Leading with a low, organ-esque hum and trailing with pretty, plucky guitar chords that conjure images of foggy moors and unrequited love, you’re welcomed into the lyrical blue heart of super sappy indie rocker, Low Roar and his self-titled debut album released on Tonequake Records.
Icelandic transplant via San Francisco, Low Roar (aka Ryan Joseph Karazija) set out to make an album that reflected on the giant change of scenery he had made. His end result is an album that brings the melancholy mood of homesickness to an icy and idyllic prose.
At first listen, I can’t help but think of moody, woe-is-me singer/songwriters such as Bright Eyes, Elliot Smith or Nick Drake, but unlike my favorite depressive go-to boys, Low Roar lacks that little somethin’ somethin’ which those other musicians so eloquently possess. Where Elliot’s raw vocals pound, Low Roar’s only tap. While Mr. Oberst’s guitar naturally waltzes, Low Roar’s steps are forced. And when Nick Drakes haunting melodies leave you floating, Low Roar brings you back to reality — and who wants that? Granted, I am comparing him to arguably three of the most epic creators of the genre of emotional rock (some hard shoes to fill), but at least he tried.
The sound is less organic then I would like. The electronic zoom of the harmonies don’t match the true beauty of the simple and sad lyrics. I feel alone in electric loser land — like a young poet exiled from the bohemia of the real world to some cold synth-toned prison, forced to learn the language of machines. After reading my own thoughts I can’t help but think to myself, ‘Ah-huh, that’s precisely what he is portraying.’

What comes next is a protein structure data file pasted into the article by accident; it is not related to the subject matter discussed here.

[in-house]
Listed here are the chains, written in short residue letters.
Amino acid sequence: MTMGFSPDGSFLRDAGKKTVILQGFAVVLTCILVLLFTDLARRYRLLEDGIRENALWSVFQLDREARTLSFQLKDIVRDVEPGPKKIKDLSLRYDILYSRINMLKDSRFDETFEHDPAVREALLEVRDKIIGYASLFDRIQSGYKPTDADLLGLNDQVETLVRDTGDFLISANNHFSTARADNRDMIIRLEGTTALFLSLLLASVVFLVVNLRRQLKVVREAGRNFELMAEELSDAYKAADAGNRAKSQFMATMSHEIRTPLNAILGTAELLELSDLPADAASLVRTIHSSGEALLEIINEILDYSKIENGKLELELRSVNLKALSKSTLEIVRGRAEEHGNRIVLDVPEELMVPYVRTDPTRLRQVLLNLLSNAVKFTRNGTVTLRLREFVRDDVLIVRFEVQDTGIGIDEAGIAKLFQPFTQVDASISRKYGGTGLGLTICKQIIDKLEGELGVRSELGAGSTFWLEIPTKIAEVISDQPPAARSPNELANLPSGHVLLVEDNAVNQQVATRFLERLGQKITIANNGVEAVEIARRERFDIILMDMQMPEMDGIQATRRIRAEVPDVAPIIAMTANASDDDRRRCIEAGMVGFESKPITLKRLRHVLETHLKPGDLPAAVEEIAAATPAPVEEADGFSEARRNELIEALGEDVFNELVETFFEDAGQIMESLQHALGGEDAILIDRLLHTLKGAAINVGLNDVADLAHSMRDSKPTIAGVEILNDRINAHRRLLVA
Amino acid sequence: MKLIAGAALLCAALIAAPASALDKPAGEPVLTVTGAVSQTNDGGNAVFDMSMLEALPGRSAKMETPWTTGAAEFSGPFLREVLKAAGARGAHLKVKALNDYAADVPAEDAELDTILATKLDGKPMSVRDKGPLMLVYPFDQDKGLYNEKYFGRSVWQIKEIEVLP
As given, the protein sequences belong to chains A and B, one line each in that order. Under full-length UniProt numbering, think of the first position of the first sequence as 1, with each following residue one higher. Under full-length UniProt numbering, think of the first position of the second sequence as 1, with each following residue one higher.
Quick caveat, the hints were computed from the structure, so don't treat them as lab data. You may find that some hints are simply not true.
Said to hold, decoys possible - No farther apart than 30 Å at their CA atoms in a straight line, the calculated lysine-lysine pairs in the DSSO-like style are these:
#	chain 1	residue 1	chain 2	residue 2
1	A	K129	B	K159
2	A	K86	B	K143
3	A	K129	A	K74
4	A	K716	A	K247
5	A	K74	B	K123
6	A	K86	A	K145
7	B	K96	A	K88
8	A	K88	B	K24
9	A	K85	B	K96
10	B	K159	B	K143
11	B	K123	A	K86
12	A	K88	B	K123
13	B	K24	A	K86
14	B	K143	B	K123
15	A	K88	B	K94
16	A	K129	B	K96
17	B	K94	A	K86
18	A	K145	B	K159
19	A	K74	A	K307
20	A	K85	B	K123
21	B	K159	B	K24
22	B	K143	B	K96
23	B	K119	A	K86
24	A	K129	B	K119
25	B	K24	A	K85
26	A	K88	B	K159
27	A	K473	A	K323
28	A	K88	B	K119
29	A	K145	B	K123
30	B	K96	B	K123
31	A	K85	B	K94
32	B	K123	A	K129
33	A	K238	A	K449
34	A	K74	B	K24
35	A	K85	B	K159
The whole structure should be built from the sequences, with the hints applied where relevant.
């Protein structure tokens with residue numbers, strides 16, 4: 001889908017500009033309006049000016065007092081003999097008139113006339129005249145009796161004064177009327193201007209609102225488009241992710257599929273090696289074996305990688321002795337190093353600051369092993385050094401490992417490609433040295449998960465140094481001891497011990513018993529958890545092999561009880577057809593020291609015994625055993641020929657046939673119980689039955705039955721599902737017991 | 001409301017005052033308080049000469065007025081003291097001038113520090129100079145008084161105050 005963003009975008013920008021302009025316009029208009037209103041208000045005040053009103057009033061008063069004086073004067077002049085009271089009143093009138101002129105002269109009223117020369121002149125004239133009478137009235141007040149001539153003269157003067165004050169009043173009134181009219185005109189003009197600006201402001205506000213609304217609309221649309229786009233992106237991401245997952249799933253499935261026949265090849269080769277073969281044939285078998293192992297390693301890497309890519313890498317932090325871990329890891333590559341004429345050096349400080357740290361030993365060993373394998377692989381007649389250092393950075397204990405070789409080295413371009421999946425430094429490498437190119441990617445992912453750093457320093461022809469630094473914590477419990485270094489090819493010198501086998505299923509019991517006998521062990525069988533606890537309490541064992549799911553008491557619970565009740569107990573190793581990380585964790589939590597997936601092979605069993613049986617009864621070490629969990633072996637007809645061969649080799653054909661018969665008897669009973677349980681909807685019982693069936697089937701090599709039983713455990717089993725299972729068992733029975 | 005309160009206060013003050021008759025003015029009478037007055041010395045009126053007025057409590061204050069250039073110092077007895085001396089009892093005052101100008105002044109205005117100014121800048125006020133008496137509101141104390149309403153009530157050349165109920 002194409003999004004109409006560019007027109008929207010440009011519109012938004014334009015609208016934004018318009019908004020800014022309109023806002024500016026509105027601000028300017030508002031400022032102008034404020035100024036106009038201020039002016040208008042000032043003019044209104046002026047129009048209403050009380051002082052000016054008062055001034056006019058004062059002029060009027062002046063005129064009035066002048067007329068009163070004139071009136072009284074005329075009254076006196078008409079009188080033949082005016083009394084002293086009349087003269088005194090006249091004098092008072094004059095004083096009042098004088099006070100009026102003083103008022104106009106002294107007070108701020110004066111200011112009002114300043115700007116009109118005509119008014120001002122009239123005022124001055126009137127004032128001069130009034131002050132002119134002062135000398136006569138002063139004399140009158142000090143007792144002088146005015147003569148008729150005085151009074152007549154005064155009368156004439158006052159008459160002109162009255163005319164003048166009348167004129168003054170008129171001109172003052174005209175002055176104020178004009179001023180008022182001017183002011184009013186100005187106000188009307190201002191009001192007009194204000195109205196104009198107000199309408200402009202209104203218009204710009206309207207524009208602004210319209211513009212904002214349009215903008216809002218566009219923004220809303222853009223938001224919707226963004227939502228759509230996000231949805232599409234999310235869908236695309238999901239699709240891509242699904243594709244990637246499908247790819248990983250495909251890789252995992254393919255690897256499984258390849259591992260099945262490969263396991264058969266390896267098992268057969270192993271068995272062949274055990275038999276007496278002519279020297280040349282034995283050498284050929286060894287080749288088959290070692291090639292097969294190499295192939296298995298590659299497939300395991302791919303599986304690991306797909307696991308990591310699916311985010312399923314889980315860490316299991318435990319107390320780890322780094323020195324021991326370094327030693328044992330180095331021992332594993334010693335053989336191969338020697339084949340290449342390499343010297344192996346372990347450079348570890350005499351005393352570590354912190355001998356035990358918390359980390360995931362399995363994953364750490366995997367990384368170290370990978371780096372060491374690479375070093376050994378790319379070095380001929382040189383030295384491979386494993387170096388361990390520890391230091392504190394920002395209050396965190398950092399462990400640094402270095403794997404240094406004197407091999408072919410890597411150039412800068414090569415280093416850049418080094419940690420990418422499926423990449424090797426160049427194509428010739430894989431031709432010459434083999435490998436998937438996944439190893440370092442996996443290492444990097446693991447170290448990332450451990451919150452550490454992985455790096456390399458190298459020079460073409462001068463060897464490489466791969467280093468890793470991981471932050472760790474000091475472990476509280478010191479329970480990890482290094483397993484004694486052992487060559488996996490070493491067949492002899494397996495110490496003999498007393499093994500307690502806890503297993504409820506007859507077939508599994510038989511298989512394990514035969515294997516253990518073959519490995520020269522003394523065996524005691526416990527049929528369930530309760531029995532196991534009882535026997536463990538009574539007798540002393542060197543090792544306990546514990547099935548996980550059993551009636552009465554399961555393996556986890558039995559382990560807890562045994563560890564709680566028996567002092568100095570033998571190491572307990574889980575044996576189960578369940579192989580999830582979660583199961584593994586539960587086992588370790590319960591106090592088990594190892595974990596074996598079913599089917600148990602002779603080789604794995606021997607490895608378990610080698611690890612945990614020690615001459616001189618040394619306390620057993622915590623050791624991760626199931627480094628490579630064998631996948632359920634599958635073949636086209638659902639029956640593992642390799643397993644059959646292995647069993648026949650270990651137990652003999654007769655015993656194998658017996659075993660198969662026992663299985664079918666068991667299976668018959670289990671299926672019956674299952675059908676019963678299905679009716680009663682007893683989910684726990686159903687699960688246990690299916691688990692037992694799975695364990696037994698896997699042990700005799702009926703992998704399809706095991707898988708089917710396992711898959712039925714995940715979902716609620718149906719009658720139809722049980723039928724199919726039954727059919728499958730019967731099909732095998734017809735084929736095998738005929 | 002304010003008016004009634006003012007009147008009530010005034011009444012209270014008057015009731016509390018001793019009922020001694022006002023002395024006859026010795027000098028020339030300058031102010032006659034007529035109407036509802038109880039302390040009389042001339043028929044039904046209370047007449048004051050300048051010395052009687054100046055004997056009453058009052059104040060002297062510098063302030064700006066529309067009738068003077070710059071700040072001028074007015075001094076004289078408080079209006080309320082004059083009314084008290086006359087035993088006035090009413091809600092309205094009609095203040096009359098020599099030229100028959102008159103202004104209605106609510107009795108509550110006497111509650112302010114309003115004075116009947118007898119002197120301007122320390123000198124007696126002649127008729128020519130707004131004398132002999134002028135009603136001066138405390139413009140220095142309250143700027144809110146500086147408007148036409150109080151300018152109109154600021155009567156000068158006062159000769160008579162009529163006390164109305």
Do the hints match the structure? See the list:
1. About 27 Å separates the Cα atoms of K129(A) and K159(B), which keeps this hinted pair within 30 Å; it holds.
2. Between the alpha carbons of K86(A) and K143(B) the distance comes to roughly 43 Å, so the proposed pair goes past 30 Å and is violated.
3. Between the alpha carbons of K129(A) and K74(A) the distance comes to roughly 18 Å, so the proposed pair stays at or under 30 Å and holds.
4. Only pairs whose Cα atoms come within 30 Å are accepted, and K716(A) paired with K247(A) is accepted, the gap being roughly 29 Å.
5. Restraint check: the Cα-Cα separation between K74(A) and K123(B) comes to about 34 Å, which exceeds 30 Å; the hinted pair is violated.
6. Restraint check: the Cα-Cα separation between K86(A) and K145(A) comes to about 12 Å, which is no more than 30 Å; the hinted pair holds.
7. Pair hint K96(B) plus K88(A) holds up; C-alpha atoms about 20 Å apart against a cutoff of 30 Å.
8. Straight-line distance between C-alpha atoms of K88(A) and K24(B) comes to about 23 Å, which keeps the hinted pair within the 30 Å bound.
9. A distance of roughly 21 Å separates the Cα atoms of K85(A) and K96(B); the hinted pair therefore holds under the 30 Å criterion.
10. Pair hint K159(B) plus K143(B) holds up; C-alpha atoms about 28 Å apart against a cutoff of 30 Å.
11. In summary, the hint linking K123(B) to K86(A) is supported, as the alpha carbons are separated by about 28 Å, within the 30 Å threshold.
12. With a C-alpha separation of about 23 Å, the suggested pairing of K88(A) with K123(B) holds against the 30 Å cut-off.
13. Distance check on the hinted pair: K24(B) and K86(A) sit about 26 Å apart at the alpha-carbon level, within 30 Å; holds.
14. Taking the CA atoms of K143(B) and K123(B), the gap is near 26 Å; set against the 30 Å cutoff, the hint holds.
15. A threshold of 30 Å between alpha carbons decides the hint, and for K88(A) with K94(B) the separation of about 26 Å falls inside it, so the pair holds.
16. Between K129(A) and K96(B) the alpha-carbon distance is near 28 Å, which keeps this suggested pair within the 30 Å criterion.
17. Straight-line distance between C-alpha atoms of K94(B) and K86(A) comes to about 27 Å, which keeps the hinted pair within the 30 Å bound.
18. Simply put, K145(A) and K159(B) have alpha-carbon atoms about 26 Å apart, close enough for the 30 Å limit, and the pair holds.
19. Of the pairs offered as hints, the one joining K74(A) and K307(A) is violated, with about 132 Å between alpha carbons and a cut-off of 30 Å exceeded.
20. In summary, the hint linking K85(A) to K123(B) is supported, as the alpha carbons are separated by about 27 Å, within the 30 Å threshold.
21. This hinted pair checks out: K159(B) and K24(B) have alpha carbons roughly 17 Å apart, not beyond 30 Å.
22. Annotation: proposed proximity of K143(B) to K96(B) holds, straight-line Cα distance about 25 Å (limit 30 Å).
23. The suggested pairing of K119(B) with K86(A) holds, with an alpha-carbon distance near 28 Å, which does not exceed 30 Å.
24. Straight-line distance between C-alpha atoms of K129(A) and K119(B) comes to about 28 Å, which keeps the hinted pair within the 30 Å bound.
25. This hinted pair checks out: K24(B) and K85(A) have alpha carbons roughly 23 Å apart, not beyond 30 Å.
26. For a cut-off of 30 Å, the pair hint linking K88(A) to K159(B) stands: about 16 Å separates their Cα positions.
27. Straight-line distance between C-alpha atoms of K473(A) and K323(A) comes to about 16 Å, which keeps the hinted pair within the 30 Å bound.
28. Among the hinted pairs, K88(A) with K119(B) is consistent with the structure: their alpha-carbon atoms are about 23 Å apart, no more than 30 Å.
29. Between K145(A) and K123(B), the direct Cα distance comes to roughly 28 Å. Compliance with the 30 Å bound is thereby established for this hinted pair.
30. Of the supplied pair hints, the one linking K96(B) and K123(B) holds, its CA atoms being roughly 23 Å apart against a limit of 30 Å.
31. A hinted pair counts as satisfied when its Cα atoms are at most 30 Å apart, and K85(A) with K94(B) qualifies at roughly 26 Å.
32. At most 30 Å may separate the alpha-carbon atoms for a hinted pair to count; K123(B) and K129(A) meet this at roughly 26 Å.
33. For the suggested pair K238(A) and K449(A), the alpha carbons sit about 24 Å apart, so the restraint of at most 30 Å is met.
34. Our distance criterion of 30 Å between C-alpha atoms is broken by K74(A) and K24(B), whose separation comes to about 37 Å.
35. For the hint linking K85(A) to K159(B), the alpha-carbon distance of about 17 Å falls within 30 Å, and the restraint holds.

From San Francisco— home to hippie hill and the history of rock ‘n’ roll – to Iceland – land of moonless summers and sunless winters, must surely effect the musical influences of any traveling lad. Now of course I can’t say for sure, not knowing Karazija’s musical upbringing or technical background, but I think it’s safe to say one must feel the musical change from San Fran to Iceland. I find it quite cool when an artist has a concept behind an album – one single, concise thought that leads the work; even cooler when I can find myself honing in on that idea in an emotional way with only a sparse understanding on said idea.
Compositionally, the vocals are by far my favorite part of each and every song. It’s breathy and soothing, leading with long sighs of notes that fade out beautifully, weaving and winding while seductively wallowing in its self-mutilating glory. This trait is most beautifully featured on such tracks as “Just a Habit” and “The Painter.” Both songs capture a vibe of lonesome longing, the mossy keys taper ‘till your skin blooms with goose bumps and your eyes well with tears. The tone is so excessively depressing that it’s joyful. To quote Kurt Cobain: ‘I miss the comfort in being sad.’ Well, Kurt would be happy to know that with this album he’d be comfortable again in the familiar gaunt of sadness.
You can swim around all day in this pool of tears. It’s a kind of sound that although familiar, it’s refreshing to hear the same emotions from a different source. Low Roar’s voice is defiantly its own, with some tracks that are all folk, like beautiful duet “Rolling Over,” where the guitar is simple and his words poetic. While others have all the sample potential to make great trance-step remixes, (think “Nobody Else”), they all have one thing in common, and that is the sleepy stumble of Karazija’s voice with slow strings.
Over all I give this album three out of five stars, for its clean concept and Karazika’s powerful pipes. I can also say with certainty that I’ll be hitting up at least one of the three shows he will be playing in Los Angeles, with the first being yesterday (Monday, Nov. 7) at Hotel Cafe. He will also be at The Mint Wednesday, Nov. 9, and Lot 1 Cafe in Echo Park Thursday, Nov. 10.
Words: Jasmine Hickle